Create demand for evidence, don’t just create evidence

In order for evidence to be influential it needs to be seen as robust and useful by those best able to exert influence on policy. As such, it is crucial that demand for evidence from key decision makers is developed ahead of, or at least alongside, its supply. Evidence without demand is unlikely to move beyond documents, data and statistics into the sort of narratives that help get buy-in and deliver change. The best way to create demand is by getting those who will need to act on the evidence bought-in from the start. Ideally those who will need to act on the evidence should have a role in commissioning and funding the research so that they have a sense of ownership of the outcomes and feel more compelled to act on the basis of the evidence produced. In this way evidence gathering should lead into policy change and delivery.

Bring your partners along

Whilst technical knowledge is important in the development and use of evidence, it is only through the use of the right type and right amount of engagement that buy-in is achieved from a suitably wide range of organisations and individuals. Rarely in the development of local economic growth policies in the UK can one organisation act in isolation from its partners. The interdependencies between different parts of the system are simply too great. Rarer still can one individual armed with even the most robust piece of evidence ensure that the results are acted on. Without engagement, evidence can often be viewed with suspicion as being skewed towards the views of the organisation or individual that has produced it. Sitting down with partners to discuss, understand and agree the evidence base is a key tool in developing and delivering sustainable new ways of working.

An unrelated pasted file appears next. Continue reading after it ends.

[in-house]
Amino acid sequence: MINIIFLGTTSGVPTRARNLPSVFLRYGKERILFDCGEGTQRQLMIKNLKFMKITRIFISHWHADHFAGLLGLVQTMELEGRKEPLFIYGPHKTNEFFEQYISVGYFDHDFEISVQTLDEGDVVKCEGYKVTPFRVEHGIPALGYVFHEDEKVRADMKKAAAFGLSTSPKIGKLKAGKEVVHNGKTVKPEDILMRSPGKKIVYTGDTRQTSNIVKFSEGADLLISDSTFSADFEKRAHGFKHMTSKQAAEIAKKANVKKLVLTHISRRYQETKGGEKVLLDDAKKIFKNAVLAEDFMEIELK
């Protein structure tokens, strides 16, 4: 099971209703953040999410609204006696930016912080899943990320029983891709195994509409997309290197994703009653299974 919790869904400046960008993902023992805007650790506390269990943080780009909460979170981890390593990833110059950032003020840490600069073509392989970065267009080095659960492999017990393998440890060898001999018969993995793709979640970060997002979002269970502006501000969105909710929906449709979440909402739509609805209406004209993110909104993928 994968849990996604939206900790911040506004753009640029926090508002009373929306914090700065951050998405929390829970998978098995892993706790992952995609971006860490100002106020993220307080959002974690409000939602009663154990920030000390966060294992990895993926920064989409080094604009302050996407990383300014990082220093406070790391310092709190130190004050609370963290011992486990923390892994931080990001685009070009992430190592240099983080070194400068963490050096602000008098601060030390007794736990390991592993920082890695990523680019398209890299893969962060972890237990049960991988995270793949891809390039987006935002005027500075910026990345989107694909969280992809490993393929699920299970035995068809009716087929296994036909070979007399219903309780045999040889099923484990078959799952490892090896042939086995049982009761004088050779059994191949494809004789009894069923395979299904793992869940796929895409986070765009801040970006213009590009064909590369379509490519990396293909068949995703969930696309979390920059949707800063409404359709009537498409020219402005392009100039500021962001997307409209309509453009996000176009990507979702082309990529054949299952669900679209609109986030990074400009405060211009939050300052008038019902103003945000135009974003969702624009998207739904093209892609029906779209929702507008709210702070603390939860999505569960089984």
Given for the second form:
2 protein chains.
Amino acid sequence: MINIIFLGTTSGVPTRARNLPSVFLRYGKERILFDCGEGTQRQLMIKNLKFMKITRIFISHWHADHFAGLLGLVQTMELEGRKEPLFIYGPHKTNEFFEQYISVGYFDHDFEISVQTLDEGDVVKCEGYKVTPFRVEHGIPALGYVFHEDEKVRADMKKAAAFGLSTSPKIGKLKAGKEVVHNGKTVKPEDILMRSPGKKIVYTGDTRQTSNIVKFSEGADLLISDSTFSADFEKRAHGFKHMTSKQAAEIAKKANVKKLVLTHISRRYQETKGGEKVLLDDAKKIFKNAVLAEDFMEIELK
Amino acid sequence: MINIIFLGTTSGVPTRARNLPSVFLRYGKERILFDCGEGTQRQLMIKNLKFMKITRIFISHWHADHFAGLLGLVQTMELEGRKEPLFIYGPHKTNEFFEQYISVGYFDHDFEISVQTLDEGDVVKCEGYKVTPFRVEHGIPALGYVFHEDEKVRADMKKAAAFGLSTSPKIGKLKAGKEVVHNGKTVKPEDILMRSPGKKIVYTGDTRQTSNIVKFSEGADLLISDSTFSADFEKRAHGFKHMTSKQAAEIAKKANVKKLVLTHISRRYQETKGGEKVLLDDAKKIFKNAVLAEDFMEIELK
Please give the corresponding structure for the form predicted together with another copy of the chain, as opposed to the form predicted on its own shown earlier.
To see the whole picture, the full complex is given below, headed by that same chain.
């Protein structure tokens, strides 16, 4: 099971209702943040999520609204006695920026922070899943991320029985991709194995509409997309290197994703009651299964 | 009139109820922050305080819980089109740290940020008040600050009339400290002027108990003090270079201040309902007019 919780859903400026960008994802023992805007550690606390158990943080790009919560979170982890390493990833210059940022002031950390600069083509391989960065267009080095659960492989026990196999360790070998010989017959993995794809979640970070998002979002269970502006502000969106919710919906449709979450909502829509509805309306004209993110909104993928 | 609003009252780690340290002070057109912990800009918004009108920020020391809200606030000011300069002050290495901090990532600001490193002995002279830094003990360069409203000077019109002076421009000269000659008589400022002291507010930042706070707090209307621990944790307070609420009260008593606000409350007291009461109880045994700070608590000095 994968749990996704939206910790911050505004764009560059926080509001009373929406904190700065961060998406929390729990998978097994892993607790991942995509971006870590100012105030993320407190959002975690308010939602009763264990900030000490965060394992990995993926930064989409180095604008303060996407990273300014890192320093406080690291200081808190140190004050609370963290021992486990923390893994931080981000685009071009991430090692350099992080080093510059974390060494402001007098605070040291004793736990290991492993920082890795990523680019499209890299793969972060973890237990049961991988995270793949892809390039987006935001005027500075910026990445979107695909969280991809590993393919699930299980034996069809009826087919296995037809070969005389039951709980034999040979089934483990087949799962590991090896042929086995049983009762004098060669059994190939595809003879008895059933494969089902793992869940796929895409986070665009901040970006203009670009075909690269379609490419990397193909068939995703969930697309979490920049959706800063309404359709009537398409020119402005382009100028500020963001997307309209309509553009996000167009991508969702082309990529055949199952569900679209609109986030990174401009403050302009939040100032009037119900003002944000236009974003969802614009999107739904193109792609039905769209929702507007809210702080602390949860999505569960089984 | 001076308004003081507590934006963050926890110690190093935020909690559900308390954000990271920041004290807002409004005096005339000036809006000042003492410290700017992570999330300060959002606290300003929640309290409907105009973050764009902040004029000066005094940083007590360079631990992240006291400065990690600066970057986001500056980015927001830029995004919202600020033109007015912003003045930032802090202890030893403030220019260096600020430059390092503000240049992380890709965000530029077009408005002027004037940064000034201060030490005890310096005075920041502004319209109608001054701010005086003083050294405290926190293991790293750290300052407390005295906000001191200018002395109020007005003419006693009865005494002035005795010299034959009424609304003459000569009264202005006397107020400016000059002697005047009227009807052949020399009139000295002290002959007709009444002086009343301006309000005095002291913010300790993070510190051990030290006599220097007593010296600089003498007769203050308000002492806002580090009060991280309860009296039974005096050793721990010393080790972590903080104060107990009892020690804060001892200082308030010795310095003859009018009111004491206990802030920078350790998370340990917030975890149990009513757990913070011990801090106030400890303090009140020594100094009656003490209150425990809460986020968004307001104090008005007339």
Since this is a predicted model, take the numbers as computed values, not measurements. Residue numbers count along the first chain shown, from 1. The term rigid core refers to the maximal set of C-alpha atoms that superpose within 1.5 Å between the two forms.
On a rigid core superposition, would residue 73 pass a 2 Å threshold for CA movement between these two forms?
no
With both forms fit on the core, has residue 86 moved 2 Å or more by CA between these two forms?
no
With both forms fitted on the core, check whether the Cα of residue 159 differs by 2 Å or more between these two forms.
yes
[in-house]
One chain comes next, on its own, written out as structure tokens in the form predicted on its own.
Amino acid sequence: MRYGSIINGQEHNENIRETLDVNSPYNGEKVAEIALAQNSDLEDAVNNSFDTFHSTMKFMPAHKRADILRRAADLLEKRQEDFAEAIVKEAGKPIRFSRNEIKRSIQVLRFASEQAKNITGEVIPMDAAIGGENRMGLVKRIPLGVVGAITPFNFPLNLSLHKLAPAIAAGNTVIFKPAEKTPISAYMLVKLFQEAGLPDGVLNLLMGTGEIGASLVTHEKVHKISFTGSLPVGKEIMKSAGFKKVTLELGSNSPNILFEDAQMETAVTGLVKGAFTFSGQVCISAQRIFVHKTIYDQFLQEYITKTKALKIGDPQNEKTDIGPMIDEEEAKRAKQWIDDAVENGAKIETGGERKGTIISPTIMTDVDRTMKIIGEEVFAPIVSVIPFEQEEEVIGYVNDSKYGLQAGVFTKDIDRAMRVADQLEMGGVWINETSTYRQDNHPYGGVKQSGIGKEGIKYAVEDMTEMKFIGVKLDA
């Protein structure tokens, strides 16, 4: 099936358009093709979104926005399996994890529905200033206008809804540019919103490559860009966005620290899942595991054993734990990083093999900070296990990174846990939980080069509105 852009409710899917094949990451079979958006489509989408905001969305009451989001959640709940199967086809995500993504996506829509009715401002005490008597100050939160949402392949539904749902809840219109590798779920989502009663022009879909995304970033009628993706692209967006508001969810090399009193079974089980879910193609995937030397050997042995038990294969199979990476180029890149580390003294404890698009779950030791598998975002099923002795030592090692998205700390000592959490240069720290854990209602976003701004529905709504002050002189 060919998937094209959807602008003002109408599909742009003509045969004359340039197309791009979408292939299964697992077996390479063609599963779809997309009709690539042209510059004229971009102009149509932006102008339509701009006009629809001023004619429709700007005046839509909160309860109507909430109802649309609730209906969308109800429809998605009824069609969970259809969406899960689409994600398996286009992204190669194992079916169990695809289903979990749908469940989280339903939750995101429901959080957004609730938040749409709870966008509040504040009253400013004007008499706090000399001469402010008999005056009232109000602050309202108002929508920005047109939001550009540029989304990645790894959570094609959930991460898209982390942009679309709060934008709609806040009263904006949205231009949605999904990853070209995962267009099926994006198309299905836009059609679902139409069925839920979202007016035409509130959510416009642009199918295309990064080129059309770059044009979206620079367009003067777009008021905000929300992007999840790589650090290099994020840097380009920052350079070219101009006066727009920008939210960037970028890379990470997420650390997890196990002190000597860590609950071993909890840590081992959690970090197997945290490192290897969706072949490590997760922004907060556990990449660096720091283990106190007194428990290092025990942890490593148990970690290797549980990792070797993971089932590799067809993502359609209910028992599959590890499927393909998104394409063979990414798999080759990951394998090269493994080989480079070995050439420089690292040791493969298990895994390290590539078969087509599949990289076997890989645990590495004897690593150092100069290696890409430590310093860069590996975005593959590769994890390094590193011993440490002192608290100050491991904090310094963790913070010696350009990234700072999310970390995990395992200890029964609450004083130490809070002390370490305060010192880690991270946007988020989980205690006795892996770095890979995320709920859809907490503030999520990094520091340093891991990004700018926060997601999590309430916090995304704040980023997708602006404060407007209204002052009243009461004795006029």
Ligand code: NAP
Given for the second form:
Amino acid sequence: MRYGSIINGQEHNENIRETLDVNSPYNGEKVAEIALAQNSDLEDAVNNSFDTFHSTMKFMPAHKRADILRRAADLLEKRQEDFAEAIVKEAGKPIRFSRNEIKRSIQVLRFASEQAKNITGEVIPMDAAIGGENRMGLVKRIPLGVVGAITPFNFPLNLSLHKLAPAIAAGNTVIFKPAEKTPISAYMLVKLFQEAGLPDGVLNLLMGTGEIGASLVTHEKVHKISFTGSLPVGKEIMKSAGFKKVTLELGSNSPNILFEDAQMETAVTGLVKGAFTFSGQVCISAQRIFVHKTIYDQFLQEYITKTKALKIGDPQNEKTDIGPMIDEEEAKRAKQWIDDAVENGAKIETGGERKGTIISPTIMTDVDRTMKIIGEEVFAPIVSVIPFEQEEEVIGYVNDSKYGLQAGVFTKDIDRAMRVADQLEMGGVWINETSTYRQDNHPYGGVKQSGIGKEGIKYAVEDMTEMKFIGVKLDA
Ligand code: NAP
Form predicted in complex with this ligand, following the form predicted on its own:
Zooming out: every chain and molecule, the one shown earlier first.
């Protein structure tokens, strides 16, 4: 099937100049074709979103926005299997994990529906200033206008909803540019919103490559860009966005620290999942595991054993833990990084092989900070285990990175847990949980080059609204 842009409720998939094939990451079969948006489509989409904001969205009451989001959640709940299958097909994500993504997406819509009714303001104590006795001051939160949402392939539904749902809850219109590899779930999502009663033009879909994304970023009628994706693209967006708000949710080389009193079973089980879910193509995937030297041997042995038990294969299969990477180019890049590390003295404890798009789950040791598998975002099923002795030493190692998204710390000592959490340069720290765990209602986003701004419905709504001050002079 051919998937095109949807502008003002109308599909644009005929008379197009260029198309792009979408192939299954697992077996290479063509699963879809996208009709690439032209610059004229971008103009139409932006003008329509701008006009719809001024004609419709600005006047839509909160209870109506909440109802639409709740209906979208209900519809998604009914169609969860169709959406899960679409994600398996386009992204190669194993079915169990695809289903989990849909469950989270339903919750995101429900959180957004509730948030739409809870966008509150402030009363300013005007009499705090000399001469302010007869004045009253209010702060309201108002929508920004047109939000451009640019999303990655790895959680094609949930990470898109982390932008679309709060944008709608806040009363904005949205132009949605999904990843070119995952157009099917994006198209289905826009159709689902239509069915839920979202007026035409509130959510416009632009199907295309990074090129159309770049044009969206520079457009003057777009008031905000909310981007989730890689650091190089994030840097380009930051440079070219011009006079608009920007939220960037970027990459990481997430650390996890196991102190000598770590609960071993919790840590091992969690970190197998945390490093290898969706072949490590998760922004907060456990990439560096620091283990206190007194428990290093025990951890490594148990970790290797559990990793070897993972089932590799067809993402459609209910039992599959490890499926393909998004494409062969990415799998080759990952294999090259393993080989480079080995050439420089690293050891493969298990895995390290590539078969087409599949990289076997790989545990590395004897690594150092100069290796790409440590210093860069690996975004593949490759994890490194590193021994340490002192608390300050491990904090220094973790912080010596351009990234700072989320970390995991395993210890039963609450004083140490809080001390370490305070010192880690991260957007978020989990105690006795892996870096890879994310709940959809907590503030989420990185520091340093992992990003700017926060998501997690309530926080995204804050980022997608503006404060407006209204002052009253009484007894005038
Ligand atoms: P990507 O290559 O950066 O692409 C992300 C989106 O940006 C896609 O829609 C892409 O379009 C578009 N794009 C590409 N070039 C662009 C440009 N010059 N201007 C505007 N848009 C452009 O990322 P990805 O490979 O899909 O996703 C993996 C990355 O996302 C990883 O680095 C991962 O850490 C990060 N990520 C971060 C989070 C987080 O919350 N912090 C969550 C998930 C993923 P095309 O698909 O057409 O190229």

Encourage external challenge